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Monday, September 25, 2023
Tijjani Muhammad-Bande is President of the 74th Session of the United Nations General Assembly and Permanent Representative of Nigeria to the United Nations.
NEW YORK, Aug 4 2020 (IPS) - The United Nations came into existence at a time of great despair, when the penholders of its founding document dared to imagine a better world, one that would be defined by peace and equality. Visionary world leaders chose hope over cynicism, empathy over indifference and partnership over distrust when they came together in San Francisco on 26 June 1945 to sign the Charter of the United Nations. They embarked upon a new, rules-based world order, with an Organization of unrivalled legitimacy at its core.
Over the past 75 years, the United Nations General Assembly has served as a “parliament of humanity”. As the primary deliberative, policy-making and representative body of the United Nations, the Assembly provides a forum to share perspectives, forge partnerships and build consensus. It is rooted in equality of both voice and vote. When there is disagreement, the Assembly provides space for respectful debate, where Members can generate understanding and reach compromise.
Within its remit as a principal organ of the United Nations, the General Assembly has assisted in guiding the transformation of our world over the past three quarters of a century. It adopts resolutions across a wide breadth of issues that reflect the aspirations of humanity across the three pillars of the work of the United Nations: human rights, peace and security, and development.
General Assembly resolutions have helped create the building blocks for the normative development of international law. In 1959, Assembly resolution 1472 (XIV) created the Committee on the Peaceful Uses of Outer Space. This initiated work that facilitated the use of modern technology and telecommunications. In 1957, the Assembly, by resolution 1105 (XI), decided to convene the first United Nations Conference on the Law of the Sea, paving the way for the adoption in 1982 of humanity’s first “constitution for the seas”—the United Nations Convention on the Law of the Sea.
The Charter of the United Nations set out the objective to “save succeeding generations from the scourge of war”. Accordingly, the General Assembly has worked hard towards the goal of eliminating atomic weapons and all other weapons of mass destruction. This was the genesis of the normative development of the international regime of disarmament and non-proliferation.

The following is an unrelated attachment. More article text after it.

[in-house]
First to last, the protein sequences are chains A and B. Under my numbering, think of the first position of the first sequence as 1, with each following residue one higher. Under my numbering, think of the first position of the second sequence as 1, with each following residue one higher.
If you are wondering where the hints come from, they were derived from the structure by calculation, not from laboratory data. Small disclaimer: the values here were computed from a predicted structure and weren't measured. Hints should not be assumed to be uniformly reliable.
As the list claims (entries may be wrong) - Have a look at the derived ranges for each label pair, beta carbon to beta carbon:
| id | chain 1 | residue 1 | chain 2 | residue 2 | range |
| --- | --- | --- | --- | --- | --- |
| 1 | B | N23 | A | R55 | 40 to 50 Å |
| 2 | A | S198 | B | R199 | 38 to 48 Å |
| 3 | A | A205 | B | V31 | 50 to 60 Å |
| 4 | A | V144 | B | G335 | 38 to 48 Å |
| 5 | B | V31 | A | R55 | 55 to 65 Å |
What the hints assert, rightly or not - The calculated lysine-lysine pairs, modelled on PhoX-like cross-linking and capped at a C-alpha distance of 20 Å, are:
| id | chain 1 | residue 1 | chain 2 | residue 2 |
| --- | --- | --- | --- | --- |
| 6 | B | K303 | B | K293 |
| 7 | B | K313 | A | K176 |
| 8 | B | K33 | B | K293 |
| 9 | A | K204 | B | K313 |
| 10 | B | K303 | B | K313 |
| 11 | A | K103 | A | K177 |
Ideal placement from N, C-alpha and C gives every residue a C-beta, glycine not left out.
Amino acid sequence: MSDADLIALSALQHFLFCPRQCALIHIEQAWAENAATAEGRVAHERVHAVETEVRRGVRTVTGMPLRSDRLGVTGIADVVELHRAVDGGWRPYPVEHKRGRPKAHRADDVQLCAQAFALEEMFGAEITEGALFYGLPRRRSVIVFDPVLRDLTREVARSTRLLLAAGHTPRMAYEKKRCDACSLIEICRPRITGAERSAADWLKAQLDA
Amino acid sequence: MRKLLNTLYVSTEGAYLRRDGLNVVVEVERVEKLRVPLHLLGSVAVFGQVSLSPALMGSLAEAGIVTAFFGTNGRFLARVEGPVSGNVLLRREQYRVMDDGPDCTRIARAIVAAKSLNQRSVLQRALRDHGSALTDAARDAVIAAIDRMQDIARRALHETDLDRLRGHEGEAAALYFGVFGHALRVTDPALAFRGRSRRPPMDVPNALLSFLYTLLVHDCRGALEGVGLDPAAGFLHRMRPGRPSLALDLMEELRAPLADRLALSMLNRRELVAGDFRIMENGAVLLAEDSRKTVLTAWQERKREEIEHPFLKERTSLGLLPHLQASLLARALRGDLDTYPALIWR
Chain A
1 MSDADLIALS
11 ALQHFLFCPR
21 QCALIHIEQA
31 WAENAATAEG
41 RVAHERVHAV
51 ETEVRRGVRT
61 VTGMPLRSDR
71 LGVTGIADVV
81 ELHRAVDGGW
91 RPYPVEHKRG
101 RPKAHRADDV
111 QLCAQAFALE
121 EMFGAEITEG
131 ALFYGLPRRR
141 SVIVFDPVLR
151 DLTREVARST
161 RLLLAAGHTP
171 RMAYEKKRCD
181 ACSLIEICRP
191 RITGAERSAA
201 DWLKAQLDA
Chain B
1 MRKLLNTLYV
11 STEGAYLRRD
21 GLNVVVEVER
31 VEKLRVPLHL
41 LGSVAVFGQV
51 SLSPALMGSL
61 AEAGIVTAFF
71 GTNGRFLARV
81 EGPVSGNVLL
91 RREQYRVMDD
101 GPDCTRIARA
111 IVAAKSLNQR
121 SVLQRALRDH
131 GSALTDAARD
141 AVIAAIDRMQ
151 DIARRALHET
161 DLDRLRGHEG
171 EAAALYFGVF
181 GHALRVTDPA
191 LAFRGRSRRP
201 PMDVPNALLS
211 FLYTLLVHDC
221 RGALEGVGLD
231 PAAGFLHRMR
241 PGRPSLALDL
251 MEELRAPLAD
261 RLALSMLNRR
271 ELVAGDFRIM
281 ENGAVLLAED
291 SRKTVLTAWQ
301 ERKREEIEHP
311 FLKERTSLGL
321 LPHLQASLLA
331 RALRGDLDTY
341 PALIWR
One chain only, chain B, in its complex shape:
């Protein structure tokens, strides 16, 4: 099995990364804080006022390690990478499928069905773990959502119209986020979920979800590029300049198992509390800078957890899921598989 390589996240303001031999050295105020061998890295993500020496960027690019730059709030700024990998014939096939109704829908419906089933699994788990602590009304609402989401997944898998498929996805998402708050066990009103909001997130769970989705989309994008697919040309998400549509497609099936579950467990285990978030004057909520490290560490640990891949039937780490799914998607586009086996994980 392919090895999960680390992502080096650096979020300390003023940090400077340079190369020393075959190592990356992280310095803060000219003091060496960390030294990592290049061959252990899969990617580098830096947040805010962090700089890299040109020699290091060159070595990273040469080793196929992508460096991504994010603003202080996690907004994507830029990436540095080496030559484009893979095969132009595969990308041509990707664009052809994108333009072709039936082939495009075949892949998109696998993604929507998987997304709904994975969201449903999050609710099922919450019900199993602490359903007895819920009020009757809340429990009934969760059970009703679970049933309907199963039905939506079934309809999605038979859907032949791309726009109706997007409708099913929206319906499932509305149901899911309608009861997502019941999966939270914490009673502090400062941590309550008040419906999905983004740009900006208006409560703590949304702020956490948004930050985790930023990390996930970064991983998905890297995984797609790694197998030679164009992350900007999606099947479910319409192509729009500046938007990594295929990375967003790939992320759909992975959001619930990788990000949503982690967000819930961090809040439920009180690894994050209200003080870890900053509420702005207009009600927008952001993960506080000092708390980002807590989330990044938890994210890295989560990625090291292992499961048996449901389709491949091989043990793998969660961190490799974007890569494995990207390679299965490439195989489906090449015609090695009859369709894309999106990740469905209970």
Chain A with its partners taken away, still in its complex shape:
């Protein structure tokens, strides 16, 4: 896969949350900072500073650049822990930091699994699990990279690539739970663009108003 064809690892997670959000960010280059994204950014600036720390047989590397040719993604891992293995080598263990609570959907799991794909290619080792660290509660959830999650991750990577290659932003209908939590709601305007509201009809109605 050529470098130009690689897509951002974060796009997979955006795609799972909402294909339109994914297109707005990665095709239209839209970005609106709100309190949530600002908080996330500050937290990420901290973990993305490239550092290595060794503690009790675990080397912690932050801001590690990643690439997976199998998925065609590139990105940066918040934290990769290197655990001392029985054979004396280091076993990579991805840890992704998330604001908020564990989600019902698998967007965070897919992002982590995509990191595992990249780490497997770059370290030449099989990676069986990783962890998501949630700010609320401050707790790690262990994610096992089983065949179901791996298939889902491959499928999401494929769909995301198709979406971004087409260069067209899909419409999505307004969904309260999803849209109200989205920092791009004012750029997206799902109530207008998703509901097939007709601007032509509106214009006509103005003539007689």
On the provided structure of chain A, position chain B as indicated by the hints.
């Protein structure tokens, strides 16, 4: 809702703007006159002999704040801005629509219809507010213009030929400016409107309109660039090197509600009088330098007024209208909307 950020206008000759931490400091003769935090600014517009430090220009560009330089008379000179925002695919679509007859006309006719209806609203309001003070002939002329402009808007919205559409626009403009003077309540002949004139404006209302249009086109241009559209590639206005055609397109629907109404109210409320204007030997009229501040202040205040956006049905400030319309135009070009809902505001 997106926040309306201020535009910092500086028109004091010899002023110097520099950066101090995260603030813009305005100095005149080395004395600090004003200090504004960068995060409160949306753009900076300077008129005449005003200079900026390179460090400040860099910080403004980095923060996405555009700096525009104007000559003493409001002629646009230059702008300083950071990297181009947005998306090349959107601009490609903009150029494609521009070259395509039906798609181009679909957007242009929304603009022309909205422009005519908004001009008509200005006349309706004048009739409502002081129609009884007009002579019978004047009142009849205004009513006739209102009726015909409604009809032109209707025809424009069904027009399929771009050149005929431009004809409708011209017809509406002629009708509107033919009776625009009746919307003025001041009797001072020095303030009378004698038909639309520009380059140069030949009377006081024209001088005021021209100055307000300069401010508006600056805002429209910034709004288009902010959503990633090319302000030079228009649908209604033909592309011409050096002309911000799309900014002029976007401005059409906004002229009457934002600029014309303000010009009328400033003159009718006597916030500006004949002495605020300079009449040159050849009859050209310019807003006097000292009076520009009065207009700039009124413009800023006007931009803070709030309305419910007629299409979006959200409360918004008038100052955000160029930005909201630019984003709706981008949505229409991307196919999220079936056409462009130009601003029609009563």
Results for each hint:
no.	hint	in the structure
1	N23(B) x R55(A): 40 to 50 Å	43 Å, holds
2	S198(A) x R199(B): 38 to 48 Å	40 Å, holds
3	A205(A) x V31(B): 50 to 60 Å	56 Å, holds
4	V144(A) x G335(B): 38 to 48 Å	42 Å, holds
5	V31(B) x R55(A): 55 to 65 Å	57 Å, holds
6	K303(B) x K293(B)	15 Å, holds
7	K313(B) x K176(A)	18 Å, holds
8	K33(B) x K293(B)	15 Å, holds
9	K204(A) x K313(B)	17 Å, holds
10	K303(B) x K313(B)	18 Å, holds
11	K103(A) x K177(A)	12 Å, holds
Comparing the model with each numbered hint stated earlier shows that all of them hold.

In 1948, the Assembly, by resolution 217 (III), adopted the Universal Declaration of Human Rights. This set of inalienable rights set out standards for equal treatment of all people and re-affirmed the preamble of the Charter:
“We the peoples of the United Nations determined … to reaffirm faith in fundamental human rights, in the dignity and worth of the human person, in the equal rights of men and women…”
The world has changed significantly since 1945, with more than 80 former colonies joining the Organization. In response to the peoples of the United Nations yearning for independence, the Assembly, in its fifteenth year, adopted resolution 1514, which provided the most authoritative and comprehensive formulation of the principle of self-determination. In 1966, resolution 2202 A (XXI) declared apartheid a crime against humanity. The Assembly continues to promote equality and dignity for all, including through the mandated 2015-2024 the International Decade for People of African Descent with the theme “People of African descent: recognition, justice and development”, and the International Day for the Elimination of Racial Discrimination, observed on 21 March.
Indeed, the General Assembly has sought to end discrimination in all its forms. It adopted the Declaration on the Rights of Disabled Persons in 1975; the Convention on the Elimination of All Forms of Discrimination against Women in 1979; the Declaration on the Elimination of All Forms of Intolerance and of Discrimination Based on Religion or Belief in 1981; the Convention on the Rights of the Child in 1989; and, more recently, the Declaration on the Rights of Indigenous Peoples in 2007.